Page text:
Currency:USD Category:Coins & Paper Money Start Price:1,000.00 USD Estimated At:1,750.00 - 1,750.00 USD
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This item SOLD at 2014 May 15 @ 13:00UTC-4 : AST/EDT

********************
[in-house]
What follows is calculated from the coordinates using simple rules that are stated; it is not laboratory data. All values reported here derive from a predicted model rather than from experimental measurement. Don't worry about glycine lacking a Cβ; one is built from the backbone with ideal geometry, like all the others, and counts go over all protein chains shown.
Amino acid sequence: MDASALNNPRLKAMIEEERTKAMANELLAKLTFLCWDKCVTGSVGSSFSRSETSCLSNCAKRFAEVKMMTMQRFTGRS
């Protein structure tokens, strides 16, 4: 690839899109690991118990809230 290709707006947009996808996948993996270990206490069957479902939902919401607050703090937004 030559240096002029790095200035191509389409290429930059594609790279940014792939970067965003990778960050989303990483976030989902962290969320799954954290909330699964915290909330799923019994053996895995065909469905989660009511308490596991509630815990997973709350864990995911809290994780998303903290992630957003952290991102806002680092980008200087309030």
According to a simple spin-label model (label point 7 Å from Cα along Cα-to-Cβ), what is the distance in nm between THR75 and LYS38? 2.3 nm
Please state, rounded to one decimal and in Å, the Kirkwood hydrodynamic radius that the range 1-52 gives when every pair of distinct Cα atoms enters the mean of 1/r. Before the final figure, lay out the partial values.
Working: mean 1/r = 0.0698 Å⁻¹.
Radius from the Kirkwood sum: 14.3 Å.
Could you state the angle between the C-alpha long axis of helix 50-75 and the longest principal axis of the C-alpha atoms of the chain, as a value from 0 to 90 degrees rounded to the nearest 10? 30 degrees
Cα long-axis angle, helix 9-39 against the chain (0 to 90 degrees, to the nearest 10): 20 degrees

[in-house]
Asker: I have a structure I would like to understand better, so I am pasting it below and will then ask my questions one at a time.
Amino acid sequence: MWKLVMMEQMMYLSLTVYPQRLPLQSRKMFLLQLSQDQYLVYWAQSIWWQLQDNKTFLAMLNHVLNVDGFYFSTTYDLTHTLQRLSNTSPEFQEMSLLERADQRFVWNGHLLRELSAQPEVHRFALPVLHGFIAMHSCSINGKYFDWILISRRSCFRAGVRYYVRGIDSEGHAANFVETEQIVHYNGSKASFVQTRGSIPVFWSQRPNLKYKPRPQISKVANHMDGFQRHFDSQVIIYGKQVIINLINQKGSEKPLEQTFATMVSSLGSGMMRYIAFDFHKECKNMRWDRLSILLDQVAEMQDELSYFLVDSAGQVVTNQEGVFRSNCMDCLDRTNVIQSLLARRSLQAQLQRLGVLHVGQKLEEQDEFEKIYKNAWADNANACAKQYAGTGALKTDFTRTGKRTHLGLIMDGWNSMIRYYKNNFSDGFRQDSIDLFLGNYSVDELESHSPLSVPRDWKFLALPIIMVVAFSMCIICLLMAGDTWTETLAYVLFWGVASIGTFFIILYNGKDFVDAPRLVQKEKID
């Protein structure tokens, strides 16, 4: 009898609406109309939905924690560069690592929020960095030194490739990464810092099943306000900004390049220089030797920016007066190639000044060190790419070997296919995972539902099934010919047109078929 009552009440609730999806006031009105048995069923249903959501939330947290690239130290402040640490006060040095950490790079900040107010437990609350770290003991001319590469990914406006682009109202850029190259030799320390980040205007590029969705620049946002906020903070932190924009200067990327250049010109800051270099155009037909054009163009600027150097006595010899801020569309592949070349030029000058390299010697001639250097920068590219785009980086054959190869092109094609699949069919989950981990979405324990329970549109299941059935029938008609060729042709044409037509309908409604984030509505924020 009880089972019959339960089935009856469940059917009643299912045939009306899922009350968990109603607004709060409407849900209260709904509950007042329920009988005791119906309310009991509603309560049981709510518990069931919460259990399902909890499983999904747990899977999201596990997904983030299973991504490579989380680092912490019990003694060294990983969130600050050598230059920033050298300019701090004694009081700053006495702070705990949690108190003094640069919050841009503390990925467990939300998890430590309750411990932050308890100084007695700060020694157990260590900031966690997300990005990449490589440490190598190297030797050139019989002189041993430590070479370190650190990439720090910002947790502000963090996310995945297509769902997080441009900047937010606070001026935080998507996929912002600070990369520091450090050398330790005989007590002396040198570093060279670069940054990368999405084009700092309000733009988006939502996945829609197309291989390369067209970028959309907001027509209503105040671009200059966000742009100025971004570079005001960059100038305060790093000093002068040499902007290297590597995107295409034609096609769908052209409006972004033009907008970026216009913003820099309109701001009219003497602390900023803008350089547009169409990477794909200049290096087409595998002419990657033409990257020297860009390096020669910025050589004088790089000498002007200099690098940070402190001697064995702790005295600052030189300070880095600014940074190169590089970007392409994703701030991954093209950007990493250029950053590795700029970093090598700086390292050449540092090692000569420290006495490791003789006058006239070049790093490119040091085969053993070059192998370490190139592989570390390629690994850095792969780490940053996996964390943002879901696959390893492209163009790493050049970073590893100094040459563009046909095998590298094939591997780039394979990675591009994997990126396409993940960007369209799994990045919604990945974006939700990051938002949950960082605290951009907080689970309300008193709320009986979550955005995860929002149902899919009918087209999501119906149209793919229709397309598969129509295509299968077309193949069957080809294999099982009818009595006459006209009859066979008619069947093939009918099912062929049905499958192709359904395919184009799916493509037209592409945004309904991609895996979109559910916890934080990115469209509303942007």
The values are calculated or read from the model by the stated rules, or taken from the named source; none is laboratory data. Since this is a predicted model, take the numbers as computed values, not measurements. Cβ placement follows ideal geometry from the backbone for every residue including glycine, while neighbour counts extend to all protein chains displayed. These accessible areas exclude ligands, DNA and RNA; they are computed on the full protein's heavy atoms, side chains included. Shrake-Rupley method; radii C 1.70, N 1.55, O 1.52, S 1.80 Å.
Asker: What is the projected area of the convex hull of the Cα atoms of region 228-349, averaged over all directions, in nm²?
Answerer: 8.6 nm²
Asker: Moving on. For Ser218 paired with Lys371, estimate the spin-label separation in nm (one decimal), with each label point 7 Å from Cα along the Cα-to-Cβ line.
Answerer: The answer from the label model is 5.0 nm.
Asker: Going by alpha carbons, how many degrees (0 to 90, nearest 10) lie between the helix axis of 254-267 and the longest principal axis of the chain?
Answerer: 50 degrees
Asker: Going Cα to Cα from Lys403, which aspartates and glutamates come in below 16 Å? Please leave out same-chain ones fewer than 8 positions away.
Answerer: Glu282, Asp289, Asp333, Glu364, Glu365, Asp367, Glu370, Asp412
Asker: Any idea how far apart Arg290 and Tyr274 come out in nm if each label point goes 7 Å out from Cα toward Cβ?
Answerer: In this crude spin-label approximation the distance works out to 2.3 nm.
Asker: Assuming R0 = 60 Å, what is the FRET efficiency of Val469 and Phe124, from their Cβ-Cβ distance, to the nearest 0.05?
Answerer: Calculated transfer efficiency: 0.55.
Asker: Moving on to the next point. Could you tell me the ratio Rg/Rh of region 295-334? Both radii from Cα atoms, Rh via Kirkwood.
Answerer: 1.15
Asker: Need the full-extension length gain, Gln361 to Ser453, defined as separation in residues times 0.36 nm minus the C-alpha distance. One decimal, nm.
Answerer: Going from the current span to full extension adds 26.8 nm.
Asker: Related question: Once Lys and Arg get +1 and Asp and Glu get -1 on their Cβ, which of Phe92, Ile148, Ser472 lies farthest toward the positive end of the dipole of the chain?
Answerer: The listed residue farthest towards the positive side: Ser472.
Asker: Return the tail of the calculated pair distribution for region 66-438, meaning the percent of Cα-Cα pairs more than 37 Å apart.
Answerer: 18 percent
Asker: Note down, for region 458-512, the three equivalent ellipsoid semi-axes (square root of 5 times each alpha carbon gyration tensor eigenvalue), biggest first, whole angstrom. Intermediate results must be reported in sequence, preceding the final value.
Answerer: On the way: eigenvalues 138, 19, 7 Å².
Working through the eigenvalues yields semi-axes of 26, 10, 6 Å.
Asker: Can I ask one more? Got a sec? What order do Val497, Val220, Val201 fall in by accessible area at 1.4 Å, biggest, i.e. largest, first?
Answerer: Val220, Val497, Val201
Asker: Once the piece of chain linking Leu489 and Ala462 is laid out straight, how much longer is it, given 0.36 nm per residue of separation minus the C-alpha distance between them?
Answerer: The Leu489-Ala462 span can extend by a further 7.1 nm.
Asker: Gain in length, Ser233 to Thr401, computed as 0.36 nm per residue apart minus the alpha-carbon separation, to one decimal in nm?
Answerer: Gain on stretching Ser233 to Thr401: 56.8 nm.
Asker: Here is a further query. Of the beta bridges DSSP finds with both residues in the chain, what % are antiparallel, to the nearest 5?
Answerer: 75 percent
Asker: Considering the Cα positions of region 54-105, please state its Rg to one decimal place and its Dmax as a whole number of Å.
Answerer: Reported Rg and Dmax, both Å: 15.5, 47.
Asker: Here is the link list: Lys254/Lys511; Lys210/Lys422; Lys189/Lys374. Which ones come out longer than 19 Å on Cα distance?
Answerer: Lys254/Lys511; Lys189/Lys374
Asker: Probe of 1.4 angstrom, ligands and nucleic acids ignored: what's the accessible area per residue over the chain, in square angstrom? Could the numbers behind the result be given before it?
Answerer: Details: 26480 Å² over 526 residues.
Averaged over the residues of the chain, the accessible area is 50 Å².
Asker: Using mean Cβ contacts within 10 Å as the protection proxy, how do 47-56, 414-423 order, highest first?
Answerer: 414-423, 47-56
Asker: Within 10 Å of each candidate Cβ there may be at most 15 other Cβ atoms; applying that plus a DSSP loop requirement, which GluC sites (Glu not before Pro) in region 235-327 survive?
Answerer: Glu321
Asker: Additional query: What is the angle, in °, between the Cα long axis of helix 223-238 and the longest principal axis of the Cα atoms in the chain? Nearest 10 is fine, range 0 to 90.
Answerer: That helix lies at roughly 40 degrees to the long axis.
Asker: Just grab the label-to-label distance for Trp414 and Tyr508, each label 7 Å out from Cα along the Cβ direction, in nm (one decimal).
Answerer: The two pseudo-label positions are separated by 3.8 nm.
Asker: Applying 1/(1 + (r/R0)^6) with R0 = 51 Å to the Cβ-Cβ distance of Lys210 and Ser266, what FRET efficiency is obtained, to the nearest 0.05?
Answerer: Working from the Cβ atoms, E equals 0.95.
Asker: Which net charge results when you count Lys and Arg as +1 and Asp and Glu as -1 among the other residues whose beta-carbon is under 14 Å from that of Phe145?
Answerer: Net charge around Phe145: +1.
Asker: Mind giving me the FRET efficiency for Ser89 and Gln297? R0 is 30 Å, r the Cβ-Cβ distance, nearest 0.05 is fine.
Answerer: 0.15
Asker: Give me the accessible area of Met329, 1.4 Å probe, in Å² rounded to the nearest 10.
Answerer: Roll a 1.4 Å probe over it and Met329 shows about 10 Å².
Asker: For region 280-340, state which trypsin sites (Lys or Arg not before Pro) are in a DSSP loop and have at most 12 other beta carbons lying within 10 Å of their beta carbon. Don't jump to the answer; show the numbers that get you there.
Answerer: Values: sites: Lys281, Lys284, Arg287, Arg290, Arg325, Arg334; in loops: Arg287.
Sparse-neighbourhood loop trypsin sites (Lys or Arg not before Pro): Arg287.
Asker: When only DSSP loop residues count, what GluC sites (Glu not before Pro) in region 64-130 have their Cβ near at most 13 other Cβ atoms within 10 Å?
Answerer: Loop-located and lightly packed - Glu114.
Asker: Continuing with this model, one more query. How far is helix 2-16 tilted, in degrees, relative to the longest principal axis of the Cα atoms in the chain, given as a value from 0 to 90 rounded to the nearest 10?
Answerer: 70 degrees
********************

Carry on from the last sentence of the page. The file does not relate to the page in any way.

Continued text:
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Chapman, Henry. CATALOGUE OF THE JOHN STORY JENKS COLLECTION OF COINS. ANCIENT GREEK, ROMAN AND THE ENTIRE WORLD. EARLY AMERICAN COLONIAL AND STATE ISSUES AND UNITED STATES PATTERNS AND THE REGULAR ISSUES. Philadelphia: Davis & Harvey, Auctioneers, Dec. 7–17, 1921. 4to, original white cloth, gilt. xii, 653, (1) pages, blank leaf; 7302 lots; 42 superb photographic plates of coins and medals. Some slight staining to top page edges, affecting some plate margins but not the images. Covers a bit worn. Very good. Adams A+: “Henry Chapman’s magnum opus. Superb coins of the world plus U.S. all series, all expertly described.” The most famous of the Chapman sales and one of the most renowned American coin auction ever held. John Story Jenks began collecting coins around 1850 and was 82 years of age when his collection was sold. Chapman claimed that “He is probably the oldest collector in the United States, and nearly every important sale has contributed to his collection.” Twenty years his junior, Henry Chapman was still at the height of his considerable powers: “Suffice it to say I have not spared my faculties, energy or money to give in this catalogue full descriptions of the coins contained in this grand collection.” For years the Jenks catalogue served as the best American single reference guide to the entire range of numismatics. Of great importance for the fine array of ancient Greek and Roman coins alone, also featured was an incredible selection of medieval and modern European rarities, and an especially important and extensive series of British coins. The American coins, from colonials to pioneer gold, were also of prime importance. The first six plates depict choice ancient Greek, Roman and Byzantine coins; the next twenty-six mainly illustrate European rarities; three plates mostly depict American colonial coins and Canadian tokens; one plate illustrates choice United States patterns; one plate depicts United States gold coins and one is devoted to silver; one plate illustrates large cents and the next depicts half cents and various unusual American rarities; the penultimate plate depicts American pioneer gold coins, and the last plate is devoted to Spanish and Latin American rarities. Adams 40. Clain-Stefanelli 7997*. Davis 210.